Dean patiently waited for Sky to right himself, and when he did, Dean took command of his person and launched him in the air with a belly-to-back suplex. Sky sat up, but he looked like he was in so much pain he didn’t even know where he was. Dean ran into the stage right ring ropes and nailed Sky with a sliding lariat. Dean then moved to run the ropes, but Sky bailed to ringside to regroup.

Sky walked toward Lambert, and Dean rolled out of the ring, ran around the corner, and tossed a discombobulated Sky back in. However, Lambert distracted Dean by shouting at him. (He probably mistook him for a cloud.) This distraction allowed Sky to jump on Dean the moment he rolled back into the ring. Sky hit Dean with a series of double axe-handles before mounting Dean and pounding away at his face.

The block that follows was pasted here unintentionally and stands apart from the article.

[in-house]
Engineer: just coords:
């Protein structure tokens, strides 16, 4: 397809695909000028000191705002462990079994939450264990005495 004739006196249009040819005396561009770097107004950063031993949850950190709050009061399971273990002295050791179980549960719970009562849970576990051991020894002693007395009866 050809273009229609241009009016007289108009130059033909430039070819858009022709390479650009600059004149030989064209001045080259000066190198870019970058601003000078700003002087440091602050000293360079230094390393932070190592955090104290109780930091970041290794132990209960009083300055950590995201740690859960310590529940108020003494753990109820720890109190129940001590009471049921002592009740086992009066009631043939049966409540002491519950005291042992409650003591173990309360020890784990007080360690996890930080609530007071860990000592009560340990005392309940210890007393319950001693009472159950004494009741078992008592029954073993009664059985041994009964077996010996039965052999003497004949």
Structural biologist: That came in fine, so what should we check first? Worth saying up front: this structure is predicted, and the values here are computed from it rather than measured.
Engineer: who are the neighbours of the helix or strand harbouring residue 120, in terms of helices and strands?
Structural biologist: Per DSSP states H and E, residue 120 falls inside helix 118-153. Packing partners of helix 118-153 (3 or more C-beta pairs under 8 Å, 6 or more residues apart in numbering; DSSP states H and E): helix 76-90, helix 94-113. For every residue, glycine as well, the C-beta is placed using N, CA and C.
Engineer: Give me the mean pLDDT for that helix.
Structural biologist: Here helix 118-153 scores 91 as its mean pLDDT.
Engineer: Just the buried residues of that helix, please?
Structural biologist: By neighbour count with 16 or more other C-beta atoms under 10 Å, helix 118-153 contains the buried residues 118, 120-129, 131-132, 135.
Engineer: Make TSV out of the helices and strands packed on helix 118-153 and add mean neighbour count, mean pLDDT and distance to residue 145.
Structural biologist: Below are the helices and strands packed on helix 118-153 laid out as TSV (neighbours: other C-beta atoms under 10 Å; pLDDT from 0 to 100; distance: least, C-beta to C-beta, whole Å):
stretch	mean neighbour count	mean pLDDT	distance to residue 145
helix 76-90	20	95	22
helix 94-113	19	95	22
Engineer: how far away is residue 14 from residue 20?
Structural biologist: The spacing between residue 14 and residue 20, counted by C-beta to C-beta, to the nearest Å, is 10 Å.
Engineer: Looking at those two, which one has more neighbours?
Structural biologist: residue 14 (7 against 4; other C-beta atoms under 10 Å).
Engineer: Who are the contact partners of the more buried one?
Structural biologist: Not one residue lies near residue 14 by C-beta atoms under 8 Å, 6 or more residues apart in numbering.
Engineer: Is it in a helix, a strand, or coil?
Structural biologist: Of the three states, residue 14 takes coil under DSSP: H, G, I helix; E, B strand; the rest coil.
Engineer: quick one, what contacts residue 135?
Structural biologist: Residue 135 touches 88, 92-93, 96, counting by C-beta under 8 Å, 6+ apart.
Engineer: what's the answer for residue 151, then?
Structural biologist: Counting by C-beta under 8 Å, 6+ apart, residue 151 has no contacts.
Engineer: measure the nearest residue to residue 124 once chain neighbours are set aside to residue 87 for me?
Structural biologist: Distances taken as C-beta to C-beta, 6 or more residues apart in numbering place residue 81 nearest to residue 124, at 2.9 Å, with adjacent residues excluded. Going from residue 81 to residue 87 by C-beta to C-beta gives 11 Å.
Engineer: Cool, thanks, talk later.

“Dean shouldn’t have gotten distracted,” Page explained.

“Distracted?!” Wight said. “Lambert’s half the size of the ring! He couldn’t get around him.”

“First you compliment him, then you insult him.” Page scoffed in regard to Lambert’s treatment by the commentators.

“I just call it like I see it,” Wight said, “and Dan Lambert is a waste of cotton.”

“How about you call the match like you see it and look whose standing tall right now — Scorpio Sky!”

Sky hit a destructive-looking pendulum backbreaker on Dean, and Dean rolled on the mat in pain. Sky began applauding, and then the camera cut to Page, who was also applauding. Dan Lambert, a man whose skin looked it had been underwater for thirty years, applauded, too.

Sky hit Dean with a second pendulum backbreaker.

“You see those suction cup marks on Dean’s back,” Wight pointed out. “It’s like he’s saying, ‘Please hit me here.’”

Sky slapped Dean’s face.

“Did you see that? Did you see how he tapped him in the face?” Page asked as he slapped at the air like his wrist was broken.

“That wasn’t quite a ‘tap,’” Henry said.